Monthly Archives: March 2016

Sort linked list whose alternate nodes are in ascending and descending order

Sort list whose alternate nodes are in ascending and descending order without using sorting techniques

Problem statement to sort list whose alternate nodes are in ascending and descending order:

Given is a singly linked list whose alternate nodes are sorted in ascending and descending order i.e. nodes at odd positions form an ascending ordered linked list and nodes at even positions form a descending ordered linked list. You have to sort this entire list in ascending order without using any sorting technique.

Sort list whose alternate nodes are in ascending and descending order Example:

Consider a singly linked list whose alternate nodes are 
in ascending and descending order
1-> 45-> 8 -> 23-> 19-> 11-> 34-> 5-> 67-> NULL
Resultant list after sorting
1-> 5-> 8-> 11-> 19-> 23-> 34-> 45-> 67-> NULL

Algorithm to sort list whose alternate nodes are in ascending and descending order without using any sorting technique:

  1. Seperate the list into two lists which are in ascending and descending order respectively.
  2. Reverse the list which is in descending order.
  3. Merge this list with the ascending ordered list.

Solution code in C++ to sort list whose alternate nodes are in ascending and descending order without using any sorting technique:

#include <bits/stdc++.h>
using namespace std;
 
/*Standard structure that defines the node*/
struct node
{
   int data;
   node * next;
};
 
/*Function inserts nodes at end of Linked List*/
void Insert(node **head, node **last, int data)
{
    node *temp = new node;
    temp->data = data;
    temp->next = NULL;
 
    /*If list is empty.*/
    if(*head == NULL)
    {
        /*The first node is the head and last node*/
        *head = temp; 
        *last = temp;
    }
 
    else
    {
    	(*last)->next = temp;
    	*last = temp;
    }
}

/*Function reverses list*/
void Reverse(node **head)
{
   node *prev = NULL;
   node *curr = *head;
   node *next = NULL;
   while(curr)
   {
      next = curr->next;
      curr->next = prev;
      prev = curr;
      curr = next;
   }
   *head = prev;
}

/*Function applies sorted merge on the lists
and returns head pointer of sorted list.*/
node* Merge(node *desc_list, node *asc_list)
{
   /*Pointers to final sorted list*/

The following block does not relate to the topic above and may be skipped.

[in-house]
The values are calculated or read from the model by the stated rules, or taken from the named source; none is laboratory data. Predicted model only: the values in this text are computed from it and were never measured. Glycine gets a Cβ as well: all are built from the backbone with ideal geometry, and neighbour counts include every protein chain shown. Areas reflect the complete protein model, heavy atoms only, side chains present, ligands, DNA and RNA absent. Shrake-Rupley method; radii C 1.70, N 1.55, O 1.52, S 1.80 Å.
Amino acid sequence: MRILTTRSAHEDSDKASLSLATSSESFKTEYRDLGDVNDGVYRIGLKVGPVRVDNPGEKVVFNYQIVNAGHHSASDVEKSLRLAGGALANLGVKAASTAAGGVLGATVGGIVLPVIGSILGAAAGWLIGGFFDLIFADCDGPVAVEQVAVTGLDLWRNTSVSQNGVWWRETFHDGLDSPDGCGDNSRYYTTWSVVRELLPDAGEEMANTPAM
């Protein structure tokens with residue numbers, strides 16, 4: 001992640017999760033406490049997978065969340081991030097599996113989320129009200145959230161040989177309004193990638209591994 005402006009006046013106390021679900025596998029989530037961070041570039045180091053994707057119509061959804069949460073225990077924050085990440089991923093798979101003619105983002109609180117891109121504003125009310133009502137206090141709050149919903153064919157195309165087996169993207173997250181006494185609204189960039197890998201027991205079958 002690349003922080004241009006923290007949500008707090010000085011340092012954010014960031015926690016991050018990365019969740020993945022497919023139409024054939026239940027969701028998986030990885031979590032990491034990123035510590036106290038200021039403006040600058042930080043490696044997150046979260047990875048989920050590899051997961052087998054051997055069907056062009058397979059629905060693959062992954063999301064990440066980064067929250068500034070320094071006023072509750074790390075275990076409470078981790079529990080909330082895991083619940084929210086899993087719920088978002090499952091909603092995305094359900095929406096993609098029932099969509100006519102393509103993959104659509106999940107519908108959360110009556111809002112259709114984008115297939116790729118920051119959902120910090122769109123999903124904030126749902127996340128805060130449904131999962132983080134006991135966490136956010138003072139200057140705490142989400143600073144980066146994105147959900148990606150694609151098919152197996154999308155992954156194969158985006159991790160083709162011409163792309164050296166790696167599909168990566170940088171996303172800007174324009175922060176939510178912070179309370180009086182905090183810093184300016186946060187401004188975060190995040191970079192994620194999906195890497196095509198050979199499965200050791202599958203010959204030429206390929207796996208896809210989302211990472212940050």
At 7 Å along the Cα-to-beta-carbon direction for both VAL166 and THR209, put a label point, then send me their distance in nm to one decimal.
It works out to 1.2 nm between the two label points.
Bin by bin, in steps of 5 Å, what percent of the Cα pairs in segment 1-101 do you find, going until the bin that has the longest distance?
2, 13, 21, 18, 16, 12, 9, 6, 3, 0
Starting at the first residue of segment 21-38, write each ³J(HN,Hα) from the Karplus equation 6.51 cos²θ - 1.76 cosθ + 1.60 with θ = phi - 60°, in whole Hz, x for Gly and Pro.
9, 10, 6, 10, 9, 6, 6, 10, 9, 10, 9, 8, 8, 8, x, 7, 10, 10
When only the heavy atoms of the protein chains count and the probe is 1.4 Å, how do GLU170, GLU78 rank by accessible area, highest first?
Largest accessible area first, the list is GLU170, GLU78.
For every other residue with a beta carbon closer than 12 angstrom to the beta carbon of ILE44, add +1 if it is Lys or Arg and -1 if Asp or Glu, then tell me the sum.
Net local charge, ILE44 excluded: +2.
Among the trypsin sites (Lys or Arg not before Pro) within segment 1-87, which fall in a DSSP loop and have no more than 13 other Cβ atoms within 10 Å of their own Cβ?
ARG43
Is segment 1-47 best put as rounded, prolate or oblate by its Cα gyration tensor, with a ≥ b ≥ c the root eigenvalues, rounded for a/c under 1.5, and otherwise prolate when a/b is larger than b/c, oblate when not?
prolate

node *sorted_list = NULL;
   node *last = NULL;
   
   /*Loop to traverse both lists simultaneously
   and insert smaller node into sorted list*/
   while(desc_list != NULL && asc_list != NULL)
   {
      if(asc_list->data < desc_list->data)
      {
         Insert(&sorted_list,&last,asc_list->data);
         asc_list = asc_list->next;
      }
      
      else if(desc_list->data < asc_list->data)
      {
         Insert(&sorted_list,&last,desc_list->data);
         desc_list = desc_list->next;
      }
      
      else
      {
         Insert(&sorted_list,&last,asc_list->data);
         Insert(&sorted_list,&last,desc_list->data);	
         asc_list = asc_list->next;
         desc_list = desc_list->next;
      }
   }
   
   /*If number of nodes in asc_list
   are less than that in desc_list*/
   while(desc_list != NULL)
   {
      Insert(&sorted_list,&last,desc_list->data);
      desc_list = desc_list->next;
   }
   
   /*If number of nodes in desc_list
   are less than that in asc_list*/
   while(asc_list != NULL)
   {
      Insert(&sorted_list,&last,asc_list->data);
      asc_list = asc_list->next;
   }
   
   /*Returns head pointer of sorted list*/
   return sorted_list;
}

/*Function to sort linked
list in ascending order*/
void Sort(node **head)
{
   /*Initialising pointers
   of ascending list*/
   node *asc_head = NULL;
   node *asc_tail = NULL;

   /*Initialising pointers
   of descending list*/
   node *desc_head = NULL;
   node *desc_tail = NULL;

   node *curr = *head;
   int i = 1;

   /*Loop traverses and splits given list*/